“Mr. Garrett.” Jacob hurried toward the register. He pulled an oval polished stone out of his front jeans pocket. He stared at the stone for a long time before handing it to Mr. Garrett. “This is for you. It’s Leopard Skin Jasper. See, it has a dip on one side that fits your thumb. My mom calls it a worry stone. You rub it when you feel worried about something.”

The old man’s jaw seemed to quiver beneath his mask. His eyes grew moist. “Thank you, son. Thank you.”

The café employees scurried about to get all their customers served before closing time. Jacob didn’t know five hours could go by so quickly. When Mr. Hardy finally locked the door everyone cheered and slumped against the nearest tables, exhausted but happy.

“Why don’t you take your kids home, Sara,” Jacob heard Mr. Hardy tell his mom. “They did a great job helping today. I’m sorry I don’t have a bonus to give you this year.”

Once outside, the fog pressed in like an icy blanket. Jacob slid into the Honda’s back seat listening to his teeth chatter.

“Come on, Little Blue.” Sara pressed the gas pedal. Start one more time. Just once more to get us home.” The starter ground and ground. The battery seemed to be getting weaker when the car suddenly rattled and spewed out exhaust.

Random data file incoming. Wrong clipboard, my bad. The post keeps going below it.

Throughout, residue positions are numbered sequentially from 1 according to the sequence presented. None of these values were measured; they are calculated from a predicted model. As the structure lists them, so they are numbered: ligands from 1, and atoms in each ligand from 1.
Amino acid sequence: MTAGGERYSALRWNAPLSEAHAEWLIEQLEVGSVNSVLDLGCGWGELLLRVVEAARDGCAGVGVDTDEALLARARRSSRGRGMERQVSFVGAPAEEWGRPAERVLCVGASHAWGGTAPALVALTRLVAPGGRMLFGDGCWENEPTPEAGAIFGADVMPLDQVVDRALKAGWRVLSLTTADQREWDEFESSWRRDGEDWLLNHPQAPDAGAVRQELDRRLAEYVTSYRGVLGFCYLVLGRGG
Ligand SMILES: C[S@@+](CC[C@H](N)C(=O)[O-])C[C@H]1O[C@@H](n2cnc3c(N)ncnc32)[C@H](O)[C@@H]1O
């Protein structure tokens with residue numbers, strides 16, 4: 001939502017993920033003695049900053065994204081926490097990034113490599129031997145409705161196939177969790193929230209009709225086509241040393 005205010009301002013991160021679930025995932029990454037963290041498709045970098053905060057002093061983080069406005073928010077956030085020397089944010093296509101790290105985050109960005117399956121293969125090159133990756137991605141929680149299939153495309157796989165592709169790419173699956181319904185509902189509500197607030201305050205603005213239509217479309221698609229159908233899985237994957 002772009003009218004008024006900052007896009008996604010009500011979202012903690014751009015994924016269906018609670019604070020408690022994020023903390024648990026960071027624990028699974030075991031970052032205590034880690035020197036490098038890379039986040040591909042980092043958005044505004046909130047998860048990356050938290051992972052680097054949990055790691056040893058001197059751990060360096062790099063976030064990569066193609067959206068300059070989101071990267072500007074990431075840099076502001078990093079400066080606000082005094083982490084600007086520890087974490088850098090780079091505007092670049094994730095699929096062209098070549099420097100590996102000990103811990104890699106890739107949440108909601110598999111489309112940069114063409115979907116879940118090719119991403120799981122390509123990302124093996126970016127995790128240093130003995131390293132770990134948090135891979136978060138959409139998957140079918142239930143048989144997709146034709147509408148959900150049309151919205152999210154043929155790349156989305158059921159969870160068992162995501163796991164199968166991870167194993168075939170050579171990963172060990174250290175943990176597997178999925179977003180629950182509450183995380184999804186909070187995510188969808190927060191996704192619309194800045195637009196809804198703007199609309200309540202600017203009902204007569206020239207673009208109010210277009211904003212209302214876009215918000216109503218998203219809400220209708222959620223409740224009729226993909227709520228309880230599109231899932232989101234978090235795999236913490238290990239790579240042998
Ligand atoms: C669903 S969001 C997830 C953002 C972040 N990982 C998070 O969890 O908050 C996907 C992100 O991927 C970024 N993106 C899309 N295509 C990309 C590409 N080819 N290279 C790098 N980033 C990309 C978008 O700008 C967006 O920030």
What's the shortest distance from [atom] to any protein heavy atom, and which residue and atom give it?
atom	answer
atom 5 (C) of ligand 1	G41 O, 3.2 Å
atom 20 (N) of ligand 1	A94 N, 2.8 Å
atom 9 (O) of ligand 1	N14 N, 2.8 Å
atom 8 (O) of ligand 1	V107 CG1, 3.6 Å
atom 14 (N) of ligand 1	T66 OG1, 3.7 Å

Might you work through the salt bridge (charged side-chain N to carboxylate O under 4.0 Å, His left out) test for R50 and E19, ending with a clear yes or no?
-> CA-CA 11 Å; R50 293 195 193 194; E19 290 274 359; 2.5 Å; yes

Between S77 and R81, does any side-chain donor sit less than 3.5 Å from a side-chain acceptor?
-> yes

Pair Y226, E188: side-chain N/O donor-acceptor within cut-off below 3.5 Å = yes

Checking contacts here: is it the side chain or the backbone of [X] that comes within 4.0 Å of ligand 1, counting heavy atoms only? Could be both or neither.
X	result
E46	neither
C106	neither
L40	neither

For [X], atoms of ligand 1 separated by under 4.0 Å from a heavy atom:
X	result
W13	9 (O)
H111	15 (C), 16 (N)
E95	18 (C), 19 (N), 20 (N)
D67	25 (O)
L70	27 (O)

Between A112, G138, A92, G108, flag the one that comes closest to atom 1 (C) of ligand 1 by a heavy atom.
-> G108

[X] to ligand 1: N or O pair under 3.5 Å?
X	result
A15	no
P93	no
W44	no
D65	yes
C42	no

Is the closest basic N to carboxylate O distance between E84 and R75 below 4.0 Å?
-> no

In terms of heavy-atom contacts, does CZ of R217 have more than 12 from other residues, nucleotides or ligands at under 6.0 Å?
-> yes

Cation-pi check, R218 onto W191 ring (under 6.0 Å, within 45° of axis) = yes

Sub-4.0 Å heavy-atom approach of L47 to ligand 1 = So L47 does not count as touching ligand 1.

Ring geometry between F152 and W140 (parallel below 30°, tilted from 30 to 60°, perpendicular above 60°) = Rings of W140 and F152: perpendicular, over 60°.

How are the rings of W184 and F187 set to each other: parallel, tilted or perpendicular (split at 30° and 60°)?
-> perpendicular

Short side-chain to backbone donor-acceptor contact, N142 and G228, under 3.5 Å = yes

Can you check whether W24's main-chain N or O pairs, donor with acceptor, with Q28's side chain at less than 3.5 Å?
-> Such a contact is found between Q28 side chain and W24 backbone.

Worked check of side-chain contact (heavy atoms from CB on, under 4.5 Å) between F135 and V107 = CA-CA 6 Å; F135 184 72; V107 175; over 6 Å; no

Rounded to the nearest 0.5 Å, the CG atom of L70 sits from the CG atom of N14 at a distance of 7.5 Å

“Alright!” Emma let out a cheer. “We won’t have to walk home after all, Momma.”

The town and streets were nearly empty even though it was only late afternoon. They pulled into their driveway and raced each other to the front door. “I think I’m froze through.” Sara’s hand shook as she struggled to insert the key in the door lock. “It must be ten below zero.” When the door popped open, they pushed inside. “Emma, would you plug in the tree lights? I’ll turn up the heat.”

Soon they were huddled together on the over-stuffed couch wrapped in a handmade afghan. Only four small wrapped gifts peeked out from under the tree branches of their artificial tree.

 “My feet are killing me.” Sara let out a groan. “I feel as if I climbed Mount Rushmore in my socks. But I’m happy and thankful Little Blue got us home. Your lucky gemstone must have worked for us, Jacob.”

Jacob rolled the small whistle around in his hand. “Well, actually, I don’t have it anymore. I gave it to Mr. Garrett before he left the café. You should have seen his eyes, Mom. He was so happy just holding that shiny spotted stone.”

 “Honey, that was really nice.  I’m sure Mr. Garrett doesn’t get many gifts.”

“I wish I had a gift for you and Emma.”

Sara slipped out of her left shoe. “It’s been a rough year with the COVID virus closing the café for a while and my hours getting cut.” Sara looked at Jacob and then over at Emma. “Maybe you two could give each other a gift that’s not something you have to buy. Like a gift from the heart.”

The room fell silent. One of the lights on the tree suddenly glowed bright and burned out. “I know what I can give you, Jacob.” Emma tilted her head forward to look at her brother. For the next whole week I promise I won’t call you any names.”

Jacob snickered. “Right. I don’t think you can go an hour without calling me a name. What would you do with your spare time?” Emma stuck out her tongue. “But I have a gift for you.” Jacob handed Emma a small key chain with a tiny silver key attached.

“Where’d you get this? Did you steal my key? Have you been reading my diary?”